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Investigators fault ambulance teams at Seattle Children’s

A nurse may have contributed to a baby’s death, during transport to Seattle Children’s Hospital last September, according to investigators from the Washington Department of Health (DOH). An earlier autopsy said the baby died from natural causes, but state investigators are not convinced. They also say the hospital must improve how it monitors medications in ambulances.

"The four-month investigation by the state Department of Health concluded the hospital didn’t meet a legal requirement that only authorized practitioners may issue orders 'for all drugs, intravenous solutions, blood, medical treatments, and nutrition.'"

The investigation began while three other cases involving deaths or harm at Seattle Children’s Hospital were also under review. In those other cases, the DOH concluded the hospital’s safety measures were perfectly adequate. 

How the baby died

  Seattle Children's Hospital has its own custom-built ambulance to transport babies and children between hospitals. In the case at issue, the ambulance went to Evergreen Hospital in Kirkland to pickup a newborn baby girl. The baby went into cardiac arrest, before the ambulance left Evergreen, and a nurse with the ambulance team administered four drugs -- without first getting a physician's orders:

  • epinephrine [a drug used to regulate heart rate],
  • morphine [a pain reliever],
  • ativan [an anti-anxiety medication] and
  • vecuronium [a paralytic]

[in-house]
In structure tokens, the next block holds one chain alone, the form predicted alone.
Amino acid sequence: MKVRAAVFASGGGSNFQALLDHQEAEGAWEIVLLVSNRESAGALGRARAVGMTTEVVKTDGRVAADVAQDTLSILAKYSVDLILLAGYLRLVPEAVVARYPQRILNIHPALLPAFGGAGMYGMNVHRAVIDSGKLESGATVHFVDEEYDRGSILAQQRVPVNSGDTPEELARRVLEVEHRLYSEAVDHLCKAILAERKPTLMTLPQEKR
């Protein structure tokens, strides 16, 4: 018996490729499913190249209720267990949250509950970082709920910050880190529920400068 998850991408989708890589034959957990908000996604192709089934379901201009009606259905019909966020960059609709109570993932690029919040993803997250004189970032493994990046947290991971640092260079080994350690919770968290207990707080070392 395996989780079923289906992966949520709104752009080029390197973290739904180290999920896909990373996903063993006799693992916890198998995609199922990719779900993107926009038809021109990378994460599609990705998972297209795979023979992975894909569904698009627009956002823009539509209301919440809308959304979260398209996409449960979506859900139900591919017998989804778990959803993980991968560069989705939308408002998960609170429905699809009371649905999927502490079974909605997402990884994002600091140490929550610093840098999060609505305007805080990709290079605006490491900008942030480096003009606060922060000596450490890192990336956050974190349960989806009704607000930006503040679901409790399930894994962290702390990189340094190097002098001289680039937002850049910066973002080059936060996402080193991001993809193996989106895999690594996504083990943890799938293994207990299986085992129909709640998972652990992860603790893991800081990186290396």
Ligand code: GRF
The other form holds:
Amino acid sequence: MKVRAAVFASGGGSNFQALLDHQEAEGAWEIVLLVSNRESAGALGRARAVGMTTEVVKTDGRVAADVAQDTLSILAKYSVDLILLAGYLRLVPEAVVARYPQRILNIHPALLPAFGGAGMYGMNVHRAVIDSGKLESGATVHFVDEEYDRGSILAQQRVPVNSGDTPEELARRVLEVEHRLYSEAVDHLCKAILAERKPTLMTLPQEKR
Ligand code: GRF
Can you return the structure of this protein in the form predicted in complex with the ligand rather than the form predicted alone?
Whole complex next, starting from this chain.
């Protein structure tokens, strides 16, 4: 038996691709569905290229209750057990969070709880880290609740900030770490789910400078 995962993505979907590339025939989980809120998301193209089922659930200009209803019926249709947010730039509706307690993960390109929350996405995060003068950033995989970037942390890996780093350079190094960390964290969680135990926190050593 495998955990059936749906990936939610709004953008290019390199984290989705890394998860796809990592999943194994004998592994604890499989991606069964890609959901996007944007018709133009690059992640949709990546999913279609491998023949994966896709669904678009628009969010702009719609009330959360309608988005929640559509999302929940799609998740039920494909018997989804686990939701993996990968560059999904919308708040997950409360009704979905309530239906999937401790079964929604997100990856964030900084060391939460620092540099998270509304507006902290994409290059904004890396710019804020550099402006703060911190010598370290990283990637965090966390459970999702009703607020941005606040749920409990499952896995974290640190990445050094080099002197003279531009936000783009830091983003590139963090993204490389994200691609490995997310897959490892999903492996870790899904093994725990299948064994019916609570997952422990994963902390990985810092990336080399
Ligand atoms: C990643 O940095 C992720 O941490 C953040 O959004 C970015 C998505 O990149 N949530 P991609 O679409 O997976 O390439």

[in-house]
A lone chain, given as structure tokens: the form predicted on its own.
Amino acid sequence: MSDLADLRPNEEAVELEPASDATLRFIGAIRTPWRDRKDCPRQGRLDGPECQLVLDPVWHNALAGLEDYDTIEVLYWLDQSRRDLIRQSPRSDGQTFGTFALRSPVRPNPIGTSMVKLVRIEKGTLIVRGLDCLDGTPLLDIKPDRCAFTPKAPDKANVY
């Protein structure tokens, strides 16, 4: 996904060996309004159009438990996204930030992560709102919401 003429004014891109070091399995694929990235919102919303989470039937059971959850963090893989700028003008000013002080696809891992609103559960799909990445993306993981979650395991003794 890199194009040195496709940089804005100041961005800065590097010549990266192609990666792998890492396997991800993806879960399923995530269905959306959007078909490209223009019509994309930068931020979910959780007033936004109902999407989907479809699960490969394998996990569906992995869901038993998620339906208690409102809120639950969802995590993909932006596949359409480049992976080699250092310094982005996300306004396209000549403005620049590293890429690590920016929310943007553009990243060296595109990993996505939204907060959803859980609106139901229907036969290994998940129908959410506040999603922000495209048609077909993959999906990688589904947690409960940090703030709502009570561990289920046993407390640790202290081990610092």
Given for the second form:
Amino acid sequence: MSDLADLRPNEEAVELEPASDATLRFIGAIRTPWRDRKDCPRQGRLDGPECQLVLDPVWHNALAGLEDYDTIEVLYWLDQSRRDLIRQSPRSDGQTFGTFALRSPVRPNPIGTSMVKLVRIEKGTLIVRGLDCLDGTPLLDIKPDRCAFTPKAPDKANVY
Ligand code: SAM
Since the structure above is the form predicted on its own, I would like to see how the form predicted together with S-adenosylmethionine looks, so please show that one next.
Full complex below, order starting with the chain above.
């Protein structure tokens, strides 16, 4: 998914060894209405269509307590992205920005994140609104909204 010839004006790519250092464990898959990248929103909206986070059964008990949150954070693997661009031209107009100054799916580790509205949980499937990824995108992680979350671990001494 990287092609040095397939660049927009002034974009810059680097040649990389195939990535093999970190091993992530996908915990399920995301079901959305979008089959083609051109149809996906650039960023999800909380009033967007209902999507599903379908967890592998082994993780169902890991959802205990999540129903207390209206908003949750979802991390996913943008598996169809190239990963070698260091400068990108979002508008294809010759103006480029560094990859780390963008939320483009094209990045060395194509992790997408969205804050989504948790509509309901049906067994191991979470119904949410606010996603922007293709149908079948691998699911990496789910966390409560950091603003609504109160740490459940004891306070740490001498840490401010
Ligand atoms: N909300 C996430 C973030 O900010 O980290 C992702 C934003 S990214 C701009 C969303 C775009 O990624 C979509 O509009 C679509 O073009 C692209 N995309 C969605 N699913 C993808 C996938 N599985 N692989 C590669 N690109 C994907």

The baby died. These facts are not disputed. An autopsy, by the King County Medical Examiner, concluded the death was from natural causes, largely due to malformations at birth. But, the Department of Health says there’s no way to rule out whether the drugs played a role.  Seattle Children’s issued a written statement rejecting any responsibility for the death:

"We strongly disagree with the Washington State Department of Health’s (DOH) characterization of this patient’s cause of death."

Second conclusion: System problem at Children's

Donn Moyer with the Washington Department of Health says investigators wanted to know if this was a problem with an individual nurse, or a bigger system problem. Investigators chose 12 out of 28 ambulance transport cases from last September, and started asking questions.

"And it turned out that in every case we examined in September, the transport teams' nurses were giving medications and could not document they had gotten a doctor's orders," says Moyer.

Seattle Children's statement says the problem was primarily with one nurse, who is currently under a separate investigation. The DOH says multiple nurses violated the same rule, even if nobody was harmed.

The hospital says it is complying with an order to improve its supervision of medications in ambulances.

Federal officials, from the Centers for Medicare and Medicaid Services, are also looking into how the hospital monitors medications on its ambulances.

Medication errors are among the most common mistakes at hospitals, and it's up to hospitals to reveal their own mistakes to regulators. In October, Seattle Children's held a one-day, all-staff workshop to improve how drugs are handled and administered -- and prevent future mistakes.

Keith Seinfeld is a former KNKX/KPLU reporter who covered health, science and the environment over his 17 years with the station. He also served as assistant news director. Prior to KLPU, he was a staff reporter at The Seattle Times and The News Tribune in Tacoma and a freelance writer-producer. His work has been honored by the American Association for the Advancement of Science (AAAS) and the Knight Science Journalism Fellowships at Massachusetts Institute of Technology.